Individual consumers can have a bigger impact on the electricity system than you might think – especially when working together. For example, on hot summer days when everyone cranks up the A/C, utilities have to provide a lot more power than usual. By the same token, if a group of customers turn off their A/C or other appliances during this time, the electricity demand can stay closer to normal. Because utilities are required to prepare for the highest-demand times (“peak demand”), getting customers to shift their energy consumption to lower demand times can reduce the need for utilities to build new power plants. Programs that facilitate this are called demand response.
Demand response has been around for more than thirty years, but is gaining popularity as more states work to improve grid-level efficiency, reduce costs, and transition to a more participatory energy system. The Public Service Company of Oklahoma, offers a good example of how a utility can deploy demand response. It is in the third year of a program, PowerHours, that incentivizes its customers to play a more active role in how they use electricity.
PowerHours is a collection of four separate programs that enable customers to alter their energy use in return for lower electric bills. The first is the Direct Load Control Program. It makes use of the utility’s smart meters and wifi-connected thermostats to remotely manage customer’s electricity usage. This remote control enables PSO to better manage electricity demand across the grid.
By participating in the program, PSO customers allow the utility to raise their thermostats by up to four degrees during peak demand hours. Depending upon electricity demand that particular day, the utility may instead decide to cycle participants’ air conditioners on and off instead. PSO considers peak hours to be weekdays between 2 p.m. and 7 p.m. In return, customers receive a $2.50 credit on their bill. PSO has set 16 times per year when they will do this, meaning if customers participate each time, they can earn up to $40. Customers can opt-out by manually re-adjusting their thermostat. If they opt out, they do not receive the $2.50 credit for that event. PSO developed the $2.50 credit figure based upon credits offered by similar programs developed by other utilities.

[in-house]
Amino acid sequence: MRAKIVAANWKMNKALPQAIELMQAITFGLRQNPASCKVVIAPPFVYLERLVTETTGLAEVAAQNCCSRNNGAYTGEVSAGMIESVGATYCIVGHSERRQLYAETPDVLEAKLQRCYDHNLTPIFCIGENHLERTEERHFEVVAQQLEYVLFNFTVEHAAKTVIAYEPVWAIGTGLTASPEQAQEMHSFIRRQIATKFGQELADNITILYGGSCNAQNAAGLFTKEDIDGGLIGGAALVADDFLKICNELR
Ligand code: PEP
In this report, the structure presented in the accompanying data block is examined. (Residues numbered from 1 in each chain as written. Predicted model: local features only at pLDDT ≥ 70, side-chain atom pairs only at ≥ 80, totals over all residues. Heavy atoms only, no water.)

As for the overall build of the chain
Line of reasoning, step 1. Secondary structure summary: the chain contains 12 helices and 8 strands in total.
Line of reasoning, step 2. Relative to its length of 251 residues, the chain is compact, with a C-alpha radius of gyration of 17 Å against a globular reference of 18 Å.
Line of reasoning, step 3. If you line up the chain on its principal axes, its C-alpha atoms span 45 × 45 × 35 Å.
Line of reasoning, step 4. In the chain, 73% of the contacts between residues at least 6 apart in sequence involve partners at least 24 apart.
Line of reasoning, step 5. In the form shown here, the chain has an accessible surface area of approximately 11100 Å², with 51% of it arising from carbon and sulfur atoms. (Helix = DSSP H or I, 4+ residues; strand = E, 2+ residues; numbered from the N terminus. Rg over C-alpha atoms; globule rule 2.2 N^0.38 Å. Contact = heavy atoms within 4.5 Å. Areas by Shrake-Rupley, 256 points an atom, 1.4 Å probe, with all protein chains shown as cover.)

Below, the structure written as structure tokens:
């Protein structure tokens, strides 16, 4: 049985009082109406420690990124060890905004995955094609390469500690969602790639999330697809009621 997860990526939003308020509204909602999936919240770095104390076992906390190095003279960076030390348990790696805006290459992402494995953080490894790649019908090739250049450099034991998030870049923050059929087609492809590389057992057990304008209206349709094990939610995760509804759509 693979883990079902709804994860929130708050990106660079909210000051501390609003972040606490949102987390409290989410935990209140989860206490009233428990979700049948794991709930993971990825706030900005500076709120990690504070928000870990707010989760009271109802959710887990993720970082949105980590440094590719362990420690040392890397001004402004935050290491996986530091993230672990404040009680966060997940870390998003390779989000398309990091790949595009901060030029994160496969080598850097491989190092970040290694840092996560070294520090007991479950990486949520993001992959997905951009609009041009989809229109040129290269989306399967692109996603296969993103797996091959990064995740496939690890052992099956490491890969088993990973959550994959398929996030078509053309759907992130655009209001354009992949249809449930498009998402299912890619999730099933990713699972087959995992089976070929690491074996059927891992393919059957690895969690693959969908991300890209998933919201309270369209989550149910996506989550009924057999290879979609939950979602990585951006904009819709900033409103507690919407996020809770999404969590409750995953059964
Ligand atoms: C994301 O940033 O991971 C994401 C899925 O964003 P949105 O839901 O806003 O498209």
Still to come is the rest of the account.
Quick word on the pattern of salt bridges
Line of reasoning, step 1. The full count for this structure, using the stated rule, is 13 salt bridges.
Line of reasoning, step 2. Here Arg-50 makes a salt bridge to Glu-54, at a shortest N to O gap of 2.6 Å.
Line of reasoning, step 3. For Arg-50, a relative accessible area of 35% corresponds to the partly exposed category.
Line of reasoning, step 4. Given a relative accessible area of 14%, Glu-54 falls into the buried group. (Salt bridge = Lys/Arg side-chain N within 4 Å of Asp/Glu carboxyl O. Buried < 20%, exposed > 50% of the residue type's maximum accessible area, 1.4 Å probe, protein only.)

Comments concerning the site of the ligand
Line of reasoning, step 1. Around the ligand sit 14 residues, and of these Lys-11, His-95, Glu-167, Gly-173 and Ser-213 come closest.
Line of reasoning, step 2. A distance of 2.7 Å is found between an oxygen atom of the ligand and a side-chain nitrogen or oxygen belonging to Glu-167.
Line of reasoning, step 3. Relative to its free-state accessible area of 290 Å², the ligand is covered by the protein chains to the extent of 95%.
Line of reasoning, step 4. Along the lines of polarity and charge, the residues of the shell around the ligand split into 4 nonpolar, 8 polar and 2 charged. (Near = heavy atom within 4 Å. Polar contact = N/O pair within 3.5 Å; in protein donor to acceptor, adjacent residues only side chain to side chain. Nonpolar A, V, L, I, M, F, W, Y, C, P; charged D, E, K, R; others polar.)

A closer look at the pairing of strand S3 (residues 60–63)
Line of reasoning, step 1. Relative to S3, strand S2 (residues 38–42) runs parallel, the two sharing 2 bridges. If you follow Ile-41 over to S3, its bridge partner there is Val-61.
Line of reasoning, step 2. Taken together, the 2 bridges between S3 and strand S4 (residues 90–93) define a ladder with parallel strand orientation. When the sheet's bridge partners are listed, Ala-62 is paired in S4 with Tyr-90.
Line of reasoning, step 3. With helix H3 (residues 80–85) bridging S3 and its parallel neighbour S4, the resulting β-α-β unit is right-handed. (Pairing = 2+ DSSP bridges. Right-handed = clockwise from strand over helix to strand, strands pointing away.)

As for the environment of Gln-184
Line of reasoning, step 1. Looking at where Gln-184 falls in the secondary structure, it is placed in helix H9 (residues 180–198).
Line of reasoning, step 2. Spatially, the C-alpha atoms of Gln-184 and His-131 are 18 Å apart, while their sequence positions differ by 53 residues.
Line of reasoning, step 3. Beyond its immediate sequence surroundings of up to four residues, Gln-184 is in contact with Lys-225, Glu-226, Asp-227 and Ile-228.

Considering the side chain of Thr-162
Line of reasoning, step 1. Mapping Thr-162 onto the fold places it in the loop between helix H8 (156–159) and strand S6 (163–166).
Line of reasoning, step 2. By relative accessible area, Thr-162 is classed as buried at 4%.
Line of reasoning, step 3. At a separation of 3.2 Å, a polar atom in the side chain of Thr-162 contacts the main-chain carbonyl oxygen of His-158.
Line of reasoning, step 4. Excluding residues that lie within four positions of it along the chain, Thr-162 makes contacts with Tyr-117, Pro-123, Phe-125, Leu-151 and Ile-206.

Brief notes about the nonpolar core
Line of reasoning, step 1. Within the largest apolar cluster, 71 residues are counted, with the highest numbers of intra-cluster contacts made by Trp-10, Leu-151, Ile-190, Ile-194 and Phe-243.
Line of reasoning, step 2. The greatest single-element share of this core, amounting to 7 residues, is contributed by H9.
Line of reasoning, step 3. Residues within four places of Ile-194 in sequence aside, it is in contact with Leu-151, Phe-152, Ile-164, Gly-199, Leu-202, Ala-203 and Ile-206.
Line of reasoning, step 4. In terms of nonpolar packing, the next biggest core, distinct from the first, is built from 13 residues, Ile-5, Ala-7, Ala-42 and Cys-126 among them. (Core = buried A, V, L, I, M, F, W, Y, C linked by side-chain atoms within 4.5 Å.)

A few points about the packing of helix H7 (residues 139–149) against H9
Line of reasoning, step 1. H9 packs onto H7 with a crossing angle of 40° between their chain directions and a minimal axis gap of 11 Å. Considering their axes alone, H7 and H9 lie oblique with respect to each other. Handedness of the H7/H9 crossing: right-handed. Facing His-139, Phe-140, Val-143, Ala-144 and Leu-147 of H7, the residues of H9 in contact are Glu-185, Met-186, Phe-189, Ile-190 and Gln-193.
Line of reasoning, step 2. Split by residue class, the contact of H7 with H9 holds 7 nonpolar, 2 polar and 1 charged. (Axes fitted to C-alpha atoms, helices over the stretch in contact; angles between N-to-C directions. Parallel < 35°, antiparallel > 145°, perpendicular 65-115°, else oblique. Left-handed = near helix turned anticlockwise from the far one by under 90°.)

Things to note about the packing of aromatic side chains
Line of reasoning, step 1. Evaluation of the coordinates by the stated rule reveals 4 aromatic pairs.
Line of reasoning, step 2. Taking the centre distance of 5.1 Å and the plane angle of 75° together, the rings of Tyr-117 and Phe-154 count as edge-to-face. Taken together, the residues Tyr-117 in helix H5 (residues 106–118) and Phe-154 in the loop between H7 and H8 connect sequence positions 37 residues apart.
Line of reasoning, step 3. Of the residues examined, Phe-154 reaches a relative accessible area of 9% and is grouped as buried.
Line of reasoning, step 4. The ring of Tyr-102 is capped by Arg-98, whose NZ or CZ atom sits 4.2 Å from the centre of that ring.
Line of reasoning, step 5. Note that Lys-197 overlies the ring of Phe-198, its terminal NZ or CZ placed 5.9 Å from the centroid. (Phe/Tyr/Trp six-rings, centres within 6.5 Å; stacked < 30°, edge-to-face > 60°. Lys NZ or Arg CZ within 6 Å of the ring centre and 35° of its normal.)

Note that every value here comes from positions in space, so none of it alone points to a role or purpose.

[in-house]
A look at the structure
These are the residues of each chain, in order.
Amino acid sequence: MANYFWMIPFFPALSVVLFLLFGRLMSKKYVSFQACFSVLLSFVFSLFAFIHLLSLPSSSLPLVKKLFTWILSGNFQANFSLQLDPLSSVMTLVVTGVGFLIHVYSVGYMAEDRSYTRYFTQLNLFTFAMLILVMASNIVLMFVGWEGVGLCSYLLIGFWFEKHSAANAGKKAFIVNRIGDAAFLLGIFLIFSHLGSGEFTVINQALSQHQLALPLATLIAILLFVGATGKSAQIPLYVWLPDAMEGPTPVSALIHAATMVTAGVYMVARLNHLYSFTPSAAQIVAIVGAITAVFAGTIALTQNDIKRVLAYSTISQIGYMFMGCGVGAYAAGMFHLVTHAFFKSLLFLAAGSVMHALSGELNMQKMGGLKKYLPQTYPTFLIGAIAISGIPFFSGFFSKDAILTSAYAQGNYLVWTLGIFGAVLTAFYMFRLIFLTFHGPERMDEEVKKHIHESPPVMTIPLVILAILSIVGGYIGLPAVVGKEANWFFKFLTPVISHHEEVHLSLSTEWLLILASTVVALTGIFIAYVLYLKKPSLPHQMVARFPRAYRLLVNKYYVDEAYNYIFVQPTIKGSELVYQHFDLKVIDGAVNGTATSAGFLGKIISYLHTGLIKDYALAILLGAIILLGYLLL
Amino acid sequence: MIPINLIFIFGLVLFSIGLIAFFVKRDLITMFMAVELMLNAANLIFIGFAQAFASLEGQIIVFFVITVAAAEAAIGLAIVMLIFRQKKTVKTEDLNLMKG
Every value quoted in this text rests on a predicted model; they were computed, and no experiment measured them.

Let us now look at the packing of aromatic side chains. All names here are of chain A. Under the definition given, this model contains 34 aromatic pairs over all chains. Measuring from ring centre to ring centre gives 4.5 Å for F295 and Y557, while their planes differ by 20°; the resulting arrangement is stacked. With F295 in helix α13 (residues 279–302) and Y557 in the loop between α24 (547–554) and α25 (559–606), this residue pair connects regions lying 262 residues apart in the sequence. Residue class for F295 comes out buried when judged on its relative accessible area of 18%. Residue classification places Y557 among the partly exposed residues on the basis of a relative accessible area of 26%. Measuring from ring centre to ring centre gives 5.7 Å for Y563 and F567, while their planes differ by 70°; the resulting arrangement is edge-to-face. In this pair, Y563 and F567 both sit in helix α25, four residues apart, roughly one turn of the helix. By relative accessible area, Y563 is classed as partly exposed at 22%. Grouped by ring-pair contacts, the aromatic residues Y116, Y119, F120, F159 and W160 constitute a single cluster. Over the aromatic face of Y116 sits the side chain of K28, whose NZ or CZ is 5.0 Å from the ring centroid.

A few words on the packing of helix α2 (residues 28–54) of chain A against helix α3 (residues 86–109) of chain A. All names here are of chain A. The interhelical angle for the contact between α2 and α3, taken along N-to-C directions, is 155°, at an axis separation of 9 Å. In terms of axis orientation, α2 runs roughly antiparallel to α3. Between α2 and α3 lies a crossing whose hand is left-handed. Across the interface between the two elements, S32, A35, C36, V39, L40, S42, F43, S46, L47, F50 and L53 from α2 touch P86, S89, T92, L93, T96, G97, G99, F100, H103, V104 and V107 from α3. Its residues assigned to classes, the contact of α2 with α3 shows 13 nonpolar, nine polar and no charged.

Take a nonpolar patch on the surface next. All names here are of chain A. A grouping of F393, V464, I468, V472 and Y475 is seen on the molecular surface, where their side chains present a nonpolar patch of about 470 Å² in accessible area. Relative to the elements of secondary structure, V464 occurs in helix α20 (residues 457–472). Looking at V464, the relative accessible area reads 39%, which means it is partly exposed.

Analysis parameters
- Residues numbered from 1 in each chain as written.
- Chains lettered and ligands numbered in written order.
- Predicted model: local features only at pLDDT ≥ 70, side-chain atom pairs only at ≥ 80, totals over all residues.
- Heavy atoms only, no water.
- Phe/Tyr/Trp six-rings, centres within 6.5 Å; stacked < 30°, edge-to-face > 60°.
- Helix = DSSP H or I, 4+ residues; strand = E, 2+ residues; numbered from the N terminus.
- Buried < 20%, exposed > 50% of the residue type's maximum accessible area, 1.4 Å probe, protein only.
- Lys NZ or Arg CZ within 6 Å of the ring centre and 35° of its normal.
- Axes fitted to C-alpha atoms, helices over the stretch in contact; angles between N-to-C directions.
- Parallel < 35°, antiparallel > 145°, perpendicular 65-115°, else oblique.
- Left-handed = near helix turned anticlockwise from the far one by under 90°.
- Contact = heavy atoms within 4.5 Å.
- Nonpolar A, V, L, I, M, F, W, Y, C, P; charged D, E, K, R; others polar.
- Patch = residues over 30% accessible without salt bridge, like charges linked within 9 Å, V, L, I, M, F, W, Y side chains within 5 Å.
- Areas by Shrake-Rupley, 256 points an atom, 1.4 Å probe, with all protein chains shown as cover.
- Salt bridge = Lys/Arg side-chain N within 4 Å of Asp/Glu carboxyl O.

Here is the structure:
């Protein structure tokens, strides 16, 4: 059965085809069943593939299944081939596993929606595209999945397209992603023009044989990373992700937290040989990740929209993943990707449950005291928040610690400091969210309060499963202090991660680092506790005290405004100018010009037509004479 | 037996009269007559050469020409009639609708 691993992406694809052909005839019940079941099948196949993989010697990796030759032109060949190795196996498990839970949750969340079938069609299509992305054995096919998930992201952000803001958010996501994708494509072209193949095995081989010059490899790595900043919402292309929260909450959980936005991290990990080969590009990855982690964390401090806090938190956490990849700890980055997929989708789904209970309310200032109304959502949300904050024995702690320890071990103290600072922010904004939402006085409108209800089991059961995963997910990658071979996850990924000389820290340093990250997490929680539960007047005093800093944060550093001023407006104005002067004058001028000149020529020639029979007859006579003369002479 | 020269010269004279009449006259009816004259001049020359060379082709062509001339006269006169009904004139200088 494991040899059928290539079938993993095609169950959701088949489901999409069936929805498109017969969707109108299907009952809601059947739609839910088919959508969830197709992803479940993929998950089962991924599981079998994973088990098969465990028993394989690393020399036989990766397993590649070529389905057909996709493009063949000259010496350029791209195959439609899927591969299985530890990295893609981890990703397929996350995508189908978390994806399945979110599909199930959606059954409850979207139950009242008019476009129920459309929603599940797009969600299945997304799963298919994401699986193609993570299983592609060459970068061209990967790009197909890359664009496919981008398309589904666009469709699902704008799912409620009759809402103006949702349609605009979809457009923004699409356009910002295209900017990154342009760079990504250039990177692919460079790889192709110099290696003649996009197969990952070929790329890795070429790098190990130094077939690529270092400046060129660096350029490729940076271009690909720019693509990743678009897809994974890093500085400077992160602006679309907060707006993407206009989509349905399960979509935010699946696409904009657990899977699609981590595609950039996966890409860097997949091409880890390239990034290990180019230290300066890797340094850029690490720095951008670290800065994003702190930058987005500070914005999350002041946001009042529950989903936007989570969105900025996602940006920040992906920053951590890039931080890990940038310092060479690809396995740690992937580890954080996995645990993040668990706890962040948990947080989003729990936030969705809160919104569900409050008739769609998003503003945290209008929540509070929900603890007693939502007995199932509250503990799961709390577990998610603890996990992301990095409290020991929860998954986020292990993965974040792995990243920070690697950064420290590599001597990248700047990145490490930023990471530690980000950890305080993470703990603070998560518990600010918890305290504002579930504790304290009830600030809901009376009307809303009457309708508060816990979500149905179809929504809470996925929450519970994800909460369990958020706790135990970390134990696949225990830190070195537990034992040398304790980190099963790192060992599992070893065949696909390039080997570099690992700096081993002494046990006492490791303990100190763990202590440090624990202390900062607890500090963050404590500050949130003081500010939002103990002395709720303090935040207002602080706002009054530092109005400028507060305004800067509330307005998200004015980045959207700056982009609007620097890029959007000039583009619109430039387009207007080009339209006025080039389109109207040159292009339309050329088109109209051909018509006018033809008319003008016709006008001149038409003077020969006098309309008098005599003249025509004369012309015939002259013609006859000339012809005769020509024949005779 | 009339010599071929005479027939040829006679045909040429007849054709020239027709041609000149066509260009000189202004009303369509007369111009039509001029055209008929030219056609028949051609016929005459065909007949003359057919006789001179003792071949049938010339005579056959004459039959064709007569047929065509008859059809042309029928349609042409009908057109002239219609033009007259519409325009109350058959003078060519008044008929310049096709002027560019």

PSO also offers a two variable rate pricing programs that encourage customers to shift their load usage away from peak hours by varying the rate customers pay for electricity depending upon the time of day. One pricing program offers two pricing tiers and the other offers three. The fourth, and most subscribed PowerHours program, combines load control with the two-tiered rate-pricing program.
In total, more than 14,000 PSO customers are enrolled in one of the PowerHours programs. The utility hopes to enroll an additional 10,000 customers by the end of the year. There are more than 560,000 PSO customers in total.
Customer feedback from the program has been positive said Stephanie Johnson, a PSO Community Affairs Manager. “We did a focus group in February to gauge customers experience,” Johnson said. “Feedback was that people who signed up are saving money. The participating customers were thankful that PSO was helping them manage their bill.”
PSO developed PowerHours in response to a mandate from the Oklahoma Corporation Commission (OCC) to all of the utilities in its jurisdiction. The OCC’s goal is three-fold. It wants utilities to lower the cost of utility service, reduce the need for building additional generation and transmission capacity, and enable customers to use electricity efficiently.
Technologies, like the ones deployed in the PowerHours program, are transforming the way our electricity system works. In the traditional model, central generators distribute electricity to customers. A host of advancements, from remote monitoring to customer-owned solar to battery storage, are changing this model.
Programs like PowerHours demonstrate there are significant steps that both utilities and customers can take to create a more responsive electric system. But this system can only happen if utility customers continue to engage in how their electricity is generated. This is true both in their homes and before bodies like public service commissions. Public engagement encourages these bodies to require the utilities they are responsible for regulating to develop programs that benefit and empower customers.
“As an employee, I’ve worked here for 31 years.” Johnson said. “This is the first time I’ve seen us as a utility offer customers something more than a bill. I like being able to engage with our customers and manage their bills and provide them tools rather than saying here’s your bill sorry it’s so high.”